This is also a guest post at SMZ Thinking, a client’s blog.
Gaining and retaining “badge brand” status takes precise vision, clear distinctions and sustained effort. If it were easy, it wouldn’t be so valuable.
The alliterative marketing phrase describes brands with intense loyalty – “a product or name that is so powerful that people define their own identities or social groups around it,” as marketing consultant Barry Callen puts it in a 2009 e-book, Manager’s Guide to Marketing, Advertising and Publicity..
Steuben, Versace, Cadillac and Gucci are among obvious examples. Ubercool brands position themselves as Something Special. But no enchanted wand confers iconic status, which is earned and reinforced in traditional ways – through proven quality, stand-apart features and effective marketing.
Even without a magic formula, winners apply what we’ll call secrets of badge brands. They typically display some or most of the approaches described here and in a follow-up post:
- Be distinctive: No product and no copy appeared in print ads that ran for five years with just a rainbow logo and this black tagline: “Think Different.” TV versions featured those words with black-and-white footage of Albert Einstein, Bob Dylan, Martin Luther King, Jr., Thomas Edison, Mahatma Gandhi, Pablo Picasso, Amelia Earhart, John Lennon and other legends. “This [1997-2002] campaign defined Apple as an outsider brand for artists, thinkers and rebels – forever setting it up in a battle against comparatively stodgy IBM and Microsoft,” says a 2011 Forbes tribute. More recently, Apple hammered the distinction in a Mac vs. PC campaign that thrust “I’m a Mac” into pop culture.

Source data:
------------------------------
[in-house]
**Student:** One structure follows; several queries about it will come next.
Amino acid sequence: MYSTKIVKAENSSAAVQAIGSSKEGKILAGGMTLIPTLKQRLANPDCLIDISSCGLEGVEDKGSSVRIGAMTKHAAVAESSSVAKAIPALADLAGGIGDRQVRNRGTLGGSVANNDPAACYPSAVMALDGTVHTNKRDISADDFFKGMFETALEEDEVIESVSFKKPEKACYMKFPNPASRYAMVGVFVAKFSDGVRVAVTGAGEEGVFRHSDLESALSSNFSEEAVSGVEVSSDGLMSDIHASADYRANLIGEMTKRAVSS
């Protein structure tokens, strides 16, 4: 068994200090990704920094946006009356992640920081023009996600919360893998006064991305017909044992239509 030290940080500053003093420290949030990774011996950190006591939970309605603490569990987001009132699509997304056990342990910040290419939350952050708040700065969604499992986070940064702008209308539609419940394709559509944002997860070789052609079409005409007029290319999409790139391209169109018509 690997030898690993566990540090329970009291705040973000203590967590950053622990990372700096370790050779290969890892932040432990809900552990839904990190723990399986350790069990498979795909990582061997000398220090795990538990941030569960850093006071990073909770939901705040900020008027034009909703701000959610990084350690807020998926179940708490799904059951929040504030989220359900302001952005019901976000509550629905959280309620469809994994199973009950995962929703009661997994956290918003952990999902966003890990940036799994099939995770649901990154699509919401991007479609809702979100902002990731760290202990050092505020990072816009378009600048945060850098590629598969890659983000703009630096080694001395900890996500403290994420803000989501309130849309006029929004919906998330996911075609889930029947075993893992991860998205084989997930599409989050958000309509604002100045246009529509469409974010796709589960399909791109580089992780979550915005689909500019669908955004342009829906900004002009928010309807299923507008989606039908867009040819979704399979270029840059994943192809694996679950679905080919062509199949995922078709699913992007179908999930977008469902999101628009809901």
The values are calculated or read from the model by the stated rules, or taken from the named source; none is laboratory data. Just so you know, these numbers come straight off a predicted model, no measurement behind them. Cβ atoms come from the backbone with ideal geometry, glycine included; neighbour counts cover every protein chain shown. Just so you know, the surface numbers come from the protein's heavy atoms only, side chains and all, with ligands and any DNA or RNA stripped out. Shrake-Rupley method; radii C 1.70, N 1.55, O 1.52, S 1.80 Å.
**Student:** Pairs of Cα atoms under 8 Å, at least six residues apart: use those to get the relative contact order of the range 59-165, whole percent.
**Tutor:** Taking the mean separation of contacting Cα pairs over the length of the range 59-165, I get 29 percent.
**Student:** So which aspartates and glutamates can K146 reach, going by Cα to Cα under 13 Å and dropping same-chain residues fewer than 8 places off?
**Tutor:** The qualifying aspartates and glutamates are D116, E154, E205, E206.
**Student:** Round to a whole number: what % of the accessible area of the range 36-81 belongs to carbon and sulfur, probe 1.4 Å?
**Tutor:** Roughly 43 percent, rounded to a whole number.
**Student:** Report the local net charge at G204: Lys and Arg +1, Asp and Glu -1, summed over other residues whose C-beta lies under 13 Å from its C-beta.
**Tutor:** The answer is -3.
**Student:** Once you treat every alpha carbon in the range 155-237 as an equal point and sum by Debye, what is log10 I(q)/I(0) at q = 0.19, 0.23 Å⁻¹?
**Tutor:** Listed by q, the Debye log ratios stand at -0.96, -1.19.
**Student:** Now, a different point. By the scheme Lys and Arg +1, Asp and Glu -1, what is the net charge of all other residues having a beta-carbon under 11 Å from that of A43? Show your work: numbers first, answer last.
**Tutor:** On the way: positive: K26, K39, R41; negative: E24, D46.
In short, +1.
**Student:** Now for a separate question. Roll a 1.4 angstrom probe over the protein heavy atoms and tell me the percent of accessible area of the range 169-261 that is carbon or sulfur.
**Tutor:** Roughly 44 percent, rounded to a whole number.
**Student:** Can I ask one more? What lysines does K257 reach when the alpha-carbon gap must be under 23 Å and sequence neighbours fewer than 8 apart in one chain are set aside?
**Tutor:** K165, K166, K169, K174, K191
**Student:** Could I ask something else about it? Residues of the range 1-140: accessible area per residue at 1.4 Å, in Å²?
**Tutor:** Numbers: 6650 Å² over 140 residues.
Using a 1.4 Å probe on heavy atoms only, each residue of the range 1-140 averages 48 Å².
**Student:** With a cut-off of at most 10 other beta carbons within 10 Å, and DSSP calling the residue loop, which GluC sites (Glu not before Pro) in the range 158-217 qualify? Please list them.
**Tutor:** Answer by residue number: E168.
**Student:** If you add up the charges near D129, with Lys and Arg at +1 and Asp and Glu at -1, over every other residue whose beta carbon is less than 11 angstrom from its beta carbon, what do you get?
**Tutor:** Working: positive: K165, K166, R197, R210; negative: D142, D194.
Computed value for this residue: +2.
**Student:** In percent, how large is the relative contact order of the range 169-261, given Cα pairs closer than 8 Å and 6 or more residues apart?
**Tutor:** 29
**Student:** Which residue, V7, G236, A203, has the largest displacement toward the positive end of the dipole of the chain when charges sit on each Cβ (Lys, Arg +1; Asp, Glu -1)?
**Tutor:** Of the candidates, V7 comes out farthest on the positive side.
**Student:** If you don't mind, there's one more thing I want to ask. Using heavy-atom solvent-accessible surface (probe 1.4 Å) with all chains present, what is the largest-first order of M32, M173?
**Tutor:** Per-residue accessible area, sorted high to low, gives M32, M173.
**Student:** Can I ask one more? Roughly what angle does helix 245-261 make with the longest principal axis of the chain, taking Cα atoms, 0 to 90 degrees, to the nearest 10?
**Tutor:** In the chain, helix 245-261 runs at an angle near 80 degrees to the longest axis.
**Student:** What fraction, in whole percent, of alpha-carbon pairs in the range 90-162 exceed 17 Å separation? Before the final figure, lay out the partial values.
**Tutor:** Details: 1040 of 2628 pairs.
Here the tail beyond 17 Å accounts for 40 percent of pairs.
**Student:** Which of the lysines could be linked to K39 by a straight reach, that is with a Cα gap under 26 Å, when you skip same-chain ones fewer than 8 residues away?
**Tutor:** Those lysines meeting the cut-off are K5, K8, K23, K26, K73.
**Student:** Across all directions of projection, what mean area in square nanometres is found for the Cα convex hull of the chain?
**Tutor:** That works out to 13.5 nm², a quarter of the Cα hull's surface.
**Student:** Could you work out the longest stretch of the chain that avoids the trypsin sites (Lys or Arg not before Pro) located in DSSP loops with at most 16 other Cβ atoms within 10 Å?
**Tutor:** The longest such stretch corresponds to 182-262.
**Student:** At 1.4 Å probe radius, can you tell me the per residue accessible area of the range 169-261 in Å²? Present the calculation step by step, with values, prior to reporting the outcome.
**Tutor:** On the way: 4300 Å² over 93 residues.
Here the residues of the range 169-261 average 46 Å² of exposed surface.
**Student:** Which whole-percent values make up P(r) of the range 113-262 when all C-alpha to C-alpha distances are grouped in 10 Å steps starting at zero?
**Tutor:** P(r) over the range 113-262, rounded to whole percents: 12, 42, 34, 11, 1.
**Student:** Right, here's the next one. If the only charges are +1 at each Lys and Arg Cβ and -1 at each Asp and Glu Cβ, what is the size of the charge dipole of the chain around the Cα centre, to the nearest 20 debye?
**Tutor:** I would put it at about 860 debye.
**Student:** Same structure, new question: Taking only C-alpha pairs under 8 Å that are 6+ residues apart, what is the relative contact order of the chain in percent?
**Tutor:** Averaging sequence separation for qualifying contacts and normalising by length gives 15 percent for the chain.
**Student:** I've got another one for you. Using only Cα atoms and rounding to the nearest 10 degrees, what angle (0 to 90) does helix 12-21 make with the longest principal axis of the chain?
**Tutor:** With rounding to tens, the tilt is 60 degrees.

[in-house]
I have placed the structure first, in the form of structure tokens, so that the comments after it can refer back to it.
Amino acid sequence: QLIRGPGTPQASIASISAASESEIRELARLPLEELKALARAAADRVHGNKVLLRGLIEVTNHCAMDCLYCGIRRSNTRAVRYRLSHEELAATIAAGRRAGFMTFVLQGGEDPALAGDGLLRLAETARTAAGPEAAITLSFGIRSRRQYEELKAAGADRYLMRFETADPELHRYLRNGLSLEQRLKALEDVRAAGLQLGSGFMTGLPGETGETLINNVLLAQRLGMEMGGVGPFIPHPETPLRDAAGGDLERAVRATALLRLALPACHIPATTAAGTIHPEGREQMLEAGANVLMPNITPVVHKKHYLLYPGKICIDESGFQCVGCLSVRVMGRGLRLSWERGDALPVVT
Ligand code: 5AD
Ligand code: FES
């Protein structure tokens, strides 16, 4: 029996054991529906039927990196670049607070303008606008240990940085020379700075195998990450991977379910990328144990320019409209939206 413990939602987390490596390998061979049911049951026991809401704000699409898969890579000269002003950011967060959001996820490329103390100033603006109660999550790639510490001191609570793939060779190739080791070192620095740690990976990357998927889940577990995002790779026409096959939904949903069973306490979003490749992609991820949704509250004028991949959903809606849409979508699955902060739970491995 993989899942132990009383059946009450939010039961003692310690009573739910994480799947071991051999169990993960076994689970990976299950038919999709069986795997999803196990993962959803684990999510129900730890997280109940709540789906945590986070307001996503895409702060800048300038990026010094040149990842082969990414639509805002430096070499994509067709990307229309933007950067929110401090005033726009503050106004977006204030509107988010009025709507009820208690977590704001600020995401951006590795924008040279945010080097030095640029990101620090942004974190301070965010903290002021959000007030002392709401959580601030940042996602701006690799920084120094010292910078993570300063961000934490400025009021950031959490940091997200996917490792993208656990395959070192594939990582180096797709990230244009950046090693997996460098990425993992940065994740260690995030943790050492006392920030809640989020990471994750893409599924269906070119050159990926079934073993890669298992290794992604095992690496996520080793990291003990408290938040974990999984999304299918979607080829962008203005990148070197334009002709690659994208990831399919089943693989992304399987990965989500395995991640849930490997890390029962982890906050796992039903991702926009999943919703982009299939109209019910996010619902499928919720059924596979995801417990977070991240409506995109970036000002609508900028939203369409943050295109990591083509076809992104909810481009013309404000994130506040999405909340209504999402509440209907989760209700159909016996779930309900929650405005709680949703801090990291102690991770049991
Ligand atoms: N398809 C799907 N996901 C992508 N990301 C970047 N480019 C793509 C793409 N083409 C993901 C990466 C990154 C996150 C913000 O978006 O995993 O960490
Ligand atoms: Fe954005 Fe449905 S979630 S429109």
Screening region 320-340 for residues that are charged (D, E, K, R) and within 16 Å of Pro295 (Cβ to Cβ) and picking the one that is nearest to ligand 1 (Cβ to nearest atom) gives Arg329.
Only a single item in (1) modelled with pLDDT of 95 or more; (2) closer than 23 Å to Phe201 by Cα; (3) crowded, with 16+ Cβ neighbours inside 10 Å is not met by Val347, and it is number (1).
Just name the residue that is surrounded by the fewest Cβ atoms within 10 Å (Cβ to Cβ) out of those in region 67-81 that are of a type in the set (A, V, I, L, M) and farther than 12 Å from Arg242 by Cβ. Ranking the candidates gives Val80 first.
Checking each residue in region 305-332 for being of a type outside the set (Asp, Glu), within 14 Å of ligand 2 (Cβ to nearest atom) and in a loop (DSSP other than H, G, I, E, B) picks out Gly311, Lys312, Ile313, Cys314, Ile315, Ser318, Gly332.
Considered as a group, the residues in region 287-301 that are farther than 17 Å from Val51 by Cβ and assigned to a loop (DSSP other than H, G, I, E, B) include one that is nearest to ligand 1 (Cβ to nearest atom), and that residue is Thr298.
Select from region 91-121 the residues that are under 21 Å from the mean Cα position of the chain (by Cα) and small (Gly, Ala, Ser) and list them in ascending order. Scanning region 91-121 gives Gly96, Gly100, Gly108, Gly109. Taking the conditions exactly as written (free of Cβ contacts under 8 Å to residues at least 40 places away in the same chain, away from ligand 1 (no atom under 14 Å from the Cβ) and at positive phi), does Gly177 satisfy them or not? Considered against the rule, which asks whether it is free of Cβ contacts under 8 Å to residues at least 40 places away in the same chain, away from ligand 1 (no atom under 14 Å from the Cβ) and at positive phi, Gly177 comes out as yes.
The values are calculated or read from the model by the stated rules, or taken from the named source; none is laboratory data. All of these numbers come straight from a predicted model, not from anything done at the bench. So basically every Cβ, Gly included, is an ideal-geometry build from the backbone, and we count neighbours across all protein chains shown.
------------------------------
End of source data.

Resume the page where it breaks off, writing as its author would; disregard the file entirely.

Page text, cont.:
- Reinforce pride: “As long as we strive for the highest possible level of integrity in everything we do, there will be people on this earth who appreciate it,” says customer-flattering copy in the ad at right. It’s for the Mercedes S-Class, described as “upholding an ideal.” Owners are as special and sophisticated as the product, in other words.
- Tug emotions: Art and commerce converge in two 2012 taglines pitching Jaguar – one fictional, one real. “How Alive Are You?” says a campaign introduced in March. “Jaguar: At last, something beautiful you can truly own” says a Mad Men version that aired two months later. “They went down this emotional path,” David Pryor, the model’s real-life vice president of brand development, tells Advertising Age. “They weren’t trying to sell the car, they were building on this emotional connection, this love, this lust that people had for the brand back then and that we’re trying to recreate now.” Louis Vuitton tugs emotions with familiar faces and an artifact from a bygone era. A five-year-old print campaign shows the French firm’s suitcases and travel totes with Angelina Jolie, Bono, Keith Richards, Pele, Andre Agassi, Sean Connery, Catherine Deneuve and, coming soon, Muhammad Ali. Store window displays feature its classic steamer trunks, “even though very few consumers are in the market for a logo steamer trunk,” as the Wall Street Journal noted last month. It’s all about an emotional connection to superstars and ancestors, of course.
- Embrace tradition: Tiffany Blue, a trademarked color, appears on boxes, ads, bags, catalogs, credit cards, statements and online. The 175-year-old jeweler’s Fifth Avenue flagship store in New York appears often in marketing materials. The retailer positions itself as a taste and style authority. “Tiffany & Co. has won itself a world-leading brand name in the fashion industry over the past decades,” an ad says.
What brands fit you like a badge?
Part 2: Examples from other consumer product sectors.
Commissioned by SMZ Advertising of Troy, MI.